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Arid Zone Trees

Acacia cyclops

Western Coastal Wattle

Foliage: Evergreen

Mature Height: 9-24’

Mature Width: 9-24’

Growth Rate: Moderate

Hardiness: 20 degrees F

Exposure: Full Sun

Leaf Color: Green

Shade: Filtered

Flower Color:  Yellow

Flower Shape: Ball

Flower Season: Spring

Thorns: None

Propagation Method: Seed

Sizes Available: Not in production at AZT

 

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Acacia cyclops PDF

 

In native Australian habitats, Acacia cyclops grows as a dense, evergreen bushy shrub (often with multiple stems), or small tree 9 to 24 feet tall, with a rounded leaf canopy. The canopy is made up of light green, narrow leaves (phyllodes), that have a varnished or shiny appearance when young, and grow in a slightly down turned fashion. In spring, yellow, round, ball-shaped flowers appear. Pods, mature in summer, but are not all shed leaving seeds available to attract wildlife and birds. A. cyclops takes its name from its large black seed that is surrounded by a bright red tissue called an aril. The seed and aril together look like a single, bloodshot eye, hence the name Cyclops. Native to southwestern Australia, it grows mostly on coastal sand dunes. In native settings it grows relatively slowly. The trunks are a reddish brown with intricate branches, often growing with multiple trunks.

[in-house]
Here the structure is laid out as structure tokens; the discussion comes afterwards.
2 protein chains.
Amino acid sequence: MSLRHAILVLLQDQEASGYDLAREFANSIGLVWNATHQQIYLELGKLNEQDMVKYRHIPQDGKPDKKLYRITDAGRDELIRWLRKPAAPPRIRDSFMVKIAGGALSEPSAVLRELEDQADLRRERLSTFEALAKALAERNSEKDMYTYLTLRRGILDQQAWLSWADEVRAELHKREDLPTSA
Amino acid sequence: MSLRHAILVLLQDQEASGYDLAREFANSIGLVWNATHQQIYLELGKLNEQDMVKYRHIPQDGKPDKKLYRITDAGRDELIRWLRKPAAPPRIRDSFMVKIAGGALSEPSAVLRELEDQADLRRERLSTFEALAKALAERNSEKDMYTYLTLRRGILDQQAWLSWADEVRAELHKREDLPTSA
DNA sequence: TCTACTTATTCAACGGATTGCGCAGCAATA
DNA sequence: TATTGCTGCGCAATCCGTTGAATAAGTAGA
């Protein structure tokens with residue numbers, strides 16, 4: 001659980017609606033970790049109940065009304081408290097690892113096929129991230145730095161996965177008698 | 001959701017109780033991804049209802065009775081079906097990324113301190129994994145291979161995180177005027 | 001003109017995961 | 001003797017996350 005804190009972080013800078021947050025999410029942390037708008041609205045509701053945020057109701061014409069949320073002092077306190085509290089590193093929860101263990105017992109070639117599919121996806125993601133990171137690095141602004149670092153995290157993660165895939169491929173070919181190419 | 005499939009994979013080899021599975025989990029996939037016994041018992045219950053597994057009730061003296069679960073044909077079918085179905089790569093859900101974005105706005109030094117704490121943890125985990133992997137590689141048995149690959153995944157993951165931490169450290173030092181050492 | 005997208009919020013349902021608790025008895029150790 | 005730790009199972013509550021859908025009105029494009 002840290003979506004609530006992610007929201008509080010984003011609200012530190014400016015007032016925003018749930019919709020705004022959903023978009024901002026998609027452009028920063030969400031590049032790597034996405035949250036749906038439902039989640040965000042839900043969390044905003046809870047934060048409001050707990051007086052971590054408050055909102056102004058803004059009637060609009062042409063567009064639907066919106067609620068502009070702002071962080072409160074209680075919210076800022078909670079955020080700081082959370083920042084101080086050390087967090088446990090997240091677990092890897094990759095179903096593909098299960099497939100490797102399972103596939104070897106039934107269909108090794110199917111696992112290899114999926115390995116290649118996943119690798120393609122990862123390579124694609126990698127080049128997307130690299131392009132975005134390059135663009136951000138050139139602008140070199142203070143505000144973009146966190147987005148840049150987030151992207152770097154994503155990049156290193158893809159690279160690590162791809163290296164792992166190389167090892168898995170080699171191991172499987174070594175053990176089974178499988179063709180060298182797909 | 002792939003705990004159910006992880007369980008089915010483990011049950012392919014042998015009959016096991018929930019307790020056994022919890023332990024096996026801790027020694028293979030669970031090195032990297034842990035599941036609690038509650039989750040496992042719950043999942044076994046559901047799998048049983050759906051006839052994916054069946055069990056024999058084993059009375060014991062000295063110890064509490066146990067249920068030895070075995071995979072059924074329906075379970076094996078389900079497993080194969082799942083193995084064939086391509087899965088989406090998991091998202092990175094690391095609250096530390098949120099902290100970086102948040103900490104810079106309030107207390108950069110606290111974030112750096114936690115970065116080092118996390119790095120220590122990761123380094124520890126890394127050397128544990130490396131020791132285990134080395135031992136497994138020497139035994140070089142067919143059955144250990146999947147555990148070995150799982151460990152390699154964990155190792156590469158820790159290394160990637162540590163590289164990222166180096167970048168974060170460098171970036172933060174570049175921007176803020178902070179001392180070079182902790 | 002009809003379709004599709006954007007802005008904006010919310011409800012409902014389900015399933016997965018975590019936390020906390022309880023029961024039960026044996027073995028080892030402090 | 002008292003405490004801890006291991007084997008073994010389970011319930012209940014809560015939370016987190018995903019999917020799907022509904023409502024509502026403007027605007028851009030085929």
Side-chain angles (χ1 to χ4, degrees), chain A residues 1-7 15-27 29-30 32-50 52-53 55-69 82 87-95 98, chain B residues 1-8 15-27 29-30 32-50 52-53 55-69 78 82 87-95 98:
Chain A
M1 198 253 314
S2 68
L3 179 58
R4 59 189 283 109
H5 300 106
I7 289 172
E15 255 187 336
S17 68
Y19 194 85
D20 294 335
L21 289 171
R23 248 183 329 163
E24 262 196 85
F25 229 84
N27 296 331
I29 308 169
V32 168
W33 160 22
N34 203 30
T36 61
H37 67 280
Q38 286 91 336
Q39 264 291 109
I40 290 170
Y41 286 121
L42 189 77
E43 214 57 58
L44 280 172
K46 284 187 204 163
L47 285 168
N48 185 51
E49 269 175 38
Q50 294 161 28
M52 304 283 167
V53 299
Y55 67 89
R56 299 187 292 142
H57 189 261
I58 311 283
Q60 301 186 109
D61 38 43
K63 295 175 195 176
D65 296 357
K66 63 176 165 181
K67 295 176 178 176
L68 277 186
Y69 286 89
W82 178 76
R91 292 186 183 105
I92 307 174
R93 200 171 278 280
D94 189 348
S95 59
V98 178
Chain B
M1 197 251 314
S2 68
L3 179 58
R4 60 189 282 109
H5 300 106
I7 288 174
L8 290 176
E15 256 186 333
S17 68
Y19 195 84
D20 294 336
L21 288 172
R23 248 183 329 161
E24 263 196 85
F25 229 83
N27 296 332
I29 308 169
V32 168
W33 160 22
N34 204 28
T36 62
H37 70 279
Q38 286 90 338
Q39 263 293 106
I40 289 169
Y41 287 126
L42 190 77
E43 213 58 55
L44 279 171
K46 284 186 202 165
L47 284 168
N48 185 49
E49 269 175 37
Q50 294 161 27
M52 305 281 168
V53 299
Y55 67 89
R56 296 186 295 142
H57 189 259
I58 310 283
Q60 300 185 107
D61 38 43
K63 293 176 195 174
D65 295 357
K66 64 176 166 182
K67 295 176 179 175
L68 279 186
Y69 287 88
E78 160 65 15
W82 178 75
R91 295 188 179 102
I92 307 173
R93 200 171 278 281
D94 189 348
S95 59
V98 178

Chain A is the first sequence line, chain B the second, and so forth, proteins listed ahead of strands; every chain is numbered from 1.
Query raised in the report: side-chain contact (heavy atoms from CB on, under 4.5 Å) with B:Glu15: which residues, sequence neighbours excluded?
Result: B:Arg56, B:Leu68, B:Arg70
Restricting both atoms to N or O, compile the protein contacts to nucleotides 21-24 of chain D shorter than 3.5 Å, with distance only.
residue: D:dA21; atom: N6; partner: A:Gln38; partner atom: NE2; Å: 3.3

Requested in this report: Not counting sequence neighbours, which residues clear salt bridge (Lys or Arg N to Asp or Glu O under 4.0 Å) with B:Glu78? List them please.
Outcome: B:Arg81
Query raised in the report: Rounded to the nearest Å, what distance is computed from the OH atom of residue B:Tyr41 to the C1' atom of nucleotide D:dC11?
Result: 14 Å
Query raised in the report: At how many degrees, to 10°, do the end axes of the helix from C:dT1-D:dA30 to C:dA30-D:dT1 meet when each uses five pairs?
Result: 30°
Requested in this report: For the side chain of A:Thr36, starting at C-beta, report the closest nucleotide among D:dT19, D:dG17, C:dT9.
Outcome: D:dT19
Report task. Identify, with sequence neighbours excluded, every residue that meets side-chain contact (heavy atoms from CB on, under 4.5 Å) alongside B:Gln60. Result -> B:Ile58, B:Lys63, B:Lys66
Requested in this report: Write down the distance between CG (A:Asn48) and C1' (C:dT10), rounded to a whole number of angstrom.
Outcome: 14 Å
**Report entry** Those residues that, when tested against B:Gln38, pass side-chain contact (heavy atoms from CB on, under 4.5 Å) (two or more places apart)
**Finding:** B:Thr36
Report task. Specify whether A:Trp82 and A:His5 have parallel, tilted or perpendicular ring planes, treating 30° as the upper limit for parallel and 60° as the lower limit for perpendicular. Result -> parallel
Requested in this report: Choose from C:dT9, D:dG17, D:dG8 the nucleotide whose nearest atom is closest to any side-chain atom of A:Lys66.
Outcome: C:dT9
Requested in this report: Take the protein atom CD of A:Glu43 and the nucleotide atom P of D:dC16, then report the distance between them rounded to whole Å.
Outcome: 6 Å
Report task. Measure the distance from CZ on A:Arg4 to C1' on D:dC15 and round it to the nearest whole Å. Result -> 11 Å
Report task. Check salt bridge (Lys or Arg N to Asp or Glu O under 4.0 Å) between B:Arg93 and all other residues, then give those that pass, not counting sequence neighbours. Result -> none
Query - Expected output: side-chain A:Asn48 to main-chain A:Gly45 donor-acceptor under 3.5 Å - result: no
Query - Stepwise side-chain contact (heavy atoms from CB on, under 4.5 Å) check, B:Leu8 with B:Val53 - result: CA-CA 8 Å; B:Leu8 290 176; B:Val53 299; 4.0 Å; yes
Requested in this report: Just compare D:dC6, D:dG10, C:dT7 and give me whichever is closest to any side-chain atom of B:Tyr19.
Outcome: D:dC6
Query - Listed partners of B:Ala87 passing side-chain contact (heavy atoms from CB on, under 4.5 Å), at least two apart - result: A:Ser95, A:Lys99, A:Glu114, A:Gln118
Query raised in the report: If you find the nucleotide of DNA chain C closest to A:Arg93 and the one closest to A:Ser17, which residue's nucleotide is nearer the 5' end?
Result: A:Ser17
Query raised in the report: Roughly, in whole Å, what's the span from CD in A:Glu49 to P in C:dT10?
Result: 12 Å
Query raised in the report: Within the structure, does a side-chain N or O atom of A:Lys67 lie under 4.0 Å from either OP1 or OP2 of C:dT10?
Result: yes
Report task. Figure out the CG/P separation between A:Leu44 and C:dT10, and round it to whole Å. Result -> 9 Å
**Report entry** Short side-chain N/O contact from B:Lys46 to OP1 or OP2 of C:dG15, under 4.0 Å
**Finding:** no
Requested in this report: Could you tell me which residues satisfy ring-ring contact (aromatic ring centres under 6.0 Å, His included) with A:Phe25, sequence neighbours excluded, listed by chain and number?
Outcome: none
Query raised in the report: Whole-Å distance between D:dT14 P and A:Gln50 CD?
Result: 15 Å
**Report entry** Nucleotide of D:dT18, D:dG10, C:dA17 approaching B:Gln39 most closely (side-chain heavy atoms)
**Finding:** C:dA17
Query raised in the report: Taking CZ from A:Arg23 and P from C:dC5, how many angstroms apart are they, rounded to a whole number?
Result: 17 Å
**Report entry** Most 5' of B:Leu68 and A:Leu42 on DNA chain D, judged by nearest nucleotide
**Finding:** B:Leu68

Western Coastal Wattle can grow in dry areas with annual precipitation less than 1 ½ inches and elevations below 1000 feet. It tolerates salt spray, wind, sandblast, and salinity and grows best in porous soils and full sun. It will not tolerate deep shade. It is described as "slightly frost resistant," regularly surviving temperatures in the low 20's in native settings.

 

Besides its use as a landscape tree or barrier planting, this species has also been used to stabilize coastal dunes in Australia and for the production of high quality firewood at maturity. The seeds contain oils making them an ideal food for birds and other wildlife and, when crushed, used as cattle feed.

 

Disclaimer: The information provided here was gathered from research literature published by the University of Arizona, other professional Landscape and Horticultural organizations and our experience at Arid Zone Trees. Always consult local landscape experts for recommendation for your specific area.

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